I think God should sort this one out for himself; “this matter don pass our level.” I don’t see him needing help here. Unless you think otherwise. For me, whatever you think is still fine.

Your No.1 fan,

PS. If you’re not God, don’t come and be quarreling with me ooo.


< why “accident-based” shaming is plain stupidity >

The word “accident” sitting up there isn’t the one you’d find in a conventional dictionary. It doesn’t mean “happening by chance, unintentionally, or unexpectedly.” The word seats on that subtitle with the meaning it bears in Aristotle’s ontology, “an attribute that does not affect the essence of a subject.” And “essence” here would be exemplified by the “chairness” in every chair whether they be made of wood, plastic, concrete, whatever. This is the lowest I could go; so sorry if you didn’t quite get it. Let’s move on.

Two inspiring documents I came across in the course of fulfilling the requirements of “Philosophy of Human Rights” during my sophomore year at university were the Universal Declaration of Human Rights and the American Declaration of Independence. It is stated in both documents, and eloquently so, that “all humans” are created equal and endowed with certain unalienable rights. From them, and my teacher Dr. Ani, I learnt that the passport to accessing the human rights and its attendant equality and dignity is the human essence – never the accidents!

I intend to take this conversation a bit further, to the effect that it is plain stupid to rate, treat, judge, or shame people based on anything outside of the human essence. Markedly, the human essence is whatever you see in any animal that makes you recognize it as a human being, whether they be tall or short, black or white, whole, infirmed or challenged, Nigerian or Icelander. lol!

It’s being a matter of serious concern for me that we’re increasingly basing our assessment of people, and shaming them, on the grounds of the Aristotelian accidents. Nine of them: quality, quantity, relation, place, time, position, state, action, and affection. Add ‘substance’ to that list and you’ve Aristotle’s Categories; ten of them.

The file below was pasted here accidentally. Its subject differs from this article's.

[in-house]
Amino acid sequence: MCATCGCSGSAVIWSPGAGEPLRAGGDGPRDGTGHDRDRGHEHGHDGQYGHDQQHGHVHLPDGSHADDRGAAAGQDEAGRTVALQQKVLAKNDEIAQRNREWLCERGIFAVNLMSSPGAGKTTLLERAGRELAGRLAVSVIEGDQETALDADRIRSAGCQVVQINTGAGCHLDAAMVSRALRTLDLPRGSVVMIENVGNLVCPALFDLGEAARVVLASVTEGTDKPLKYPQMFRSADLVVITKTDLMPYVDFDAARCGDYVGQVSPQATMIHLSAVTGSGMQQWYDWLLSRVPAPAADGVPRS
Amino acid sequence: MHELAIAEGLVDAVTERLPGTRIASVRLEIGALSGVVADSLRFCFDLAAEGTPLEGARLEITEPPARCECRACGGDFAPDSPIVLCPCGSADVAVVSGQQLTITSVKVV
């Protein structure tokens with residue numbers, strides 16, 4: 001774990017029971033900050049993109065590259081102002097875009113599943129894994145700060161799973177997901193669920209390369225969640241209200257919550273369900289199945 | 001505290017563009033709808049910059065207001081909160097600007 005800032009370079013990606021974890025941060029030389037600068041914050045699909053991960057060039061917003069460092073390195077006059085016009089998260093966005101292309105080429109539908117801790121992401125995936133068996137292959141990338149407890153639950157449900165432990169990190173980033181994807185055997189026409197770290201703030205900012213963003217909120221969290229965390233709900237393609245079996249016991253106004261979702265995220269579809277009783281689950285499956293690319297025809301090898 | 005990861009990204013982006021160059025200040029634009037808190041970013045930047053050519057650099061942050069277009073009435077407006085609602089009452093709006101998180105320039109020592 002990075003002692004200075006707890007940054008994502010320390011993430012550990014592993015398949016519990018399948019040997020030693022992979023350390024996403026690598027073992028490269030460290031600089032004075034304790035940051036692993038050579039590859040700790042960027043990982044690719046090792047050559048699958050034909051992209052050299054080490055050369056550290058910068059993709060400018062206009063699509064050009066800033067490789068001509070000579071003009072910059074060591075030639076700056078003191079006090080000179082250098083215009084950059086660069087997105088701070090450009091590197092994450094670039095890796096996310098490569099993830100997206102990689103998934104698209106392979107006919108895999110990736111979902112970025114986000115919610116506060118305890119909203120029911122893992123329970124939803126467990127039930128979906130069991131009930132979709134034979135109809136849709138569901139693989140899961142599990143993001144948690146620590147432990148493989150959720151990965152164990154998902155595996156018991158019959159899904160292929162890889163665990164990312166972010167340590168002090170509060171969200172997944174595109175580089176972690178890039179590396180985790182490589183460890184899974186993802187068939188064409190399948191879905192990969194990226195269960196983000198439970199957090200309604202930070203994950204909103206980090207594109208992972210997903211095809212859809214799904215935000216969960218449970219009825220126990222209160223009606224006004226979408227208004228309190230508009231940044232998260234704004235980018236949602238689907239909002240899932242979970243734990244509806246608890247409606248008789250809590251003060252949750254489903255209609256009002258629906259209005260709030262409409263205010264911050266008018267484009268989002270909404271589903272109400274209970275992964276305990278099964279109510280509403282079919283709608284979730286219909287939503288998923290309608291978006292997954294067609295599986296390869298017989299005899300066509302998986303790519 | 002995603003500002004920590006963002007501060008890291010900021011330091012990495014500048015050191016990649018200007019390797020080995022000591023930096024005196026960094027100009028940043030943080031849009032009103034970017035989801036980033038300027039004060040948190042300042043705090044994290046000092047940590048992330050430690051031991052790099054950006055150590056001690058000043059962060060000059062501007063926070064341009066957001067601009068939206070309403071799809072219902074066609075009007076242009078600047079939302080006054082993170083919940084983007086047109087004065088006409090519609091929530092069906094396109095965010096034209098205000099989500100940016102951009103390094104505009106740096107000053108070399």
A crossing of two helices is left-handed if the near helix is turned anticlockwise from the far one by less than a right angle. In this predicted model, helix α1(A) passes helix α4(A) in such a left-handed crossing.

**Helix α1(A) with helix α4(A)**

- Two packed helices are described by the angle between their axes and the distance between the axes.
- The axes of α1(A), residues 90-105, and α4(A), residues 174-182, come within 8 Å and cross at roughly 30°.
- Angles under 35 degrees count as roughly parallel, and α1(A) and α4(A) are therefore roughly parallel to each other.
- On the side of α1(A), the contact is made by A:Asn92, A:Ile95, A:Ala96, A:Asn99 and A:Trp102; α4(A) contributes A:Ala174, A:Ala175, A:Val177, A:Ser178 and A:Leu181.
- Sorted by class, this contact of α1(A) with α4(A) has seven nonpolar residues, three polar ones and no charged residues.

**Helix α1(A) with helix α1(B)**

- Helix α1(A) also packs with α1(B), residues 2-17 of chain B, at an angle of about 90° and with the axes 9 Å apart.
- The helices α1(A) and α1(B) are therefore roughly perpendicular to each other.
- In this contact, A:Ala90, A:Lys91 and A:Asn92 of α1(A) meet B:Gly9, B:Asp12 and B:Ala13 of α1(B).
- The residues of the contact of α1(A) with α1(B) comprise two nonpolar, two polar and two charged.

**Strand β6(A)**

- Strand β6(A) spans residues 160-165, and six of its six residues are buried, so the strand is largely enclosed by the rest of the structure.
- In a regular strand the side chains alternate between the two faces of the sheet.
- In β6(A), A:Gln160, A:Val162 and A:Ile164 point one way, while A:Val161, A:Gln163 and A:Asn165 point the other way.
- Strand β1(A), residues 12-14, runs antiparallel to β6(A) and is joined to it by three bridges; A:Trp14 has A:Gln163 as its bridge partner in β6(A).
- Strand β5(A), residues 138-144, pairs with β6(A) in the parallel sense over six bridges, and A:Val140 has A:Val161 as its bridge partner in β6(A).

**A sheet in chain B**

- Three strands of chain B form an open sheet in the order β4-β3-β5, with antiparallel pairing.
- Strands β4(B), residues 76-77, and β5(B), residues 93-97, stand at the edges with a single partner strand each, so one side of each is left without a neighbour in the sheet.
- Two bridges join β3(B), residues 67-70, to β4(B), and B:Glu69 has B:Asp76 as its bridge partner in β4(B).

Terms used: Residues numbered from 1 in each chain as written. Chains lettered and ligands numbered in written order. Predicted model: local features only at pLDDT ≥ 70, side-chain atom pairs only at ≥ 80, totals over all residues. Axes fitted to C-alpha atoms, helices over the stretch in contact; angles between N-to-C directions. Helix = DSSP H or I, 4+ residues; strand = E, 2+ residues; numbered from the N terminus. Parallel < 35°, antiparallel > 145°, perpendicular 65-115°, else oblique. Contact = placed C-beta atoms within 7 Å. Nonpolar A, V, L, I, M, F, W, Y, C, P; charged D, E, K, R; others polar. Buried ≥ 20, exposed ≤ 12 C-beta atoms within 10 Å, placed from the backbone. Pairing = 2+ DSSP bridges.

Look up the stats and find that the number of women going under the knife is on an alarming increase; it has come to stay that women are shamed for not having full bosoms and well-rounded backsides. There are even crazier trends that I’ve held myself back from mentioning. It’s such a shame that we pretend to forget that no human being came in a preferred condition. Show me who chose to be short, who preferred to be poor, who went for less rather than more. You tell me, what did the beauty queens do differently to deserve their looks? The most they do is protect what they already have, what they were ‘given.’ Why would some women literally sniff the manhood off their men for not being gorgeously endowed? Why not simply research a friendlier position. [This very one is not my handwriting]

What about height? There’s more than one way to be short, and tall parents is no guarantee. There’s the place of recessive genes, nutriment, and hormones; none of which is not the short man’s fault. lol! And so, to genuinely shame a person for being brief in height is one way to be stupid. lol! What about my gateman, Abdulahi? He’s Nigerien, knows no word of English, generously smiles at everyone, wears me out with asking for alms. lol! What did Abdulahi do to deserve his social status? Sincerely, one way to measure my level of stupidity is to observe how I treat him. And I’m lucky to have known better.

We should think twice before we shame people. Having thought twice, we’d realize that shaming people, particularly on “accidentally” grounds, is a show of stupidity.

Your No.1 fan,

PS. The choice of “stupid” is intentional. I needed the message to sting whoever is guilty as charged. I didn’t mean to be rude.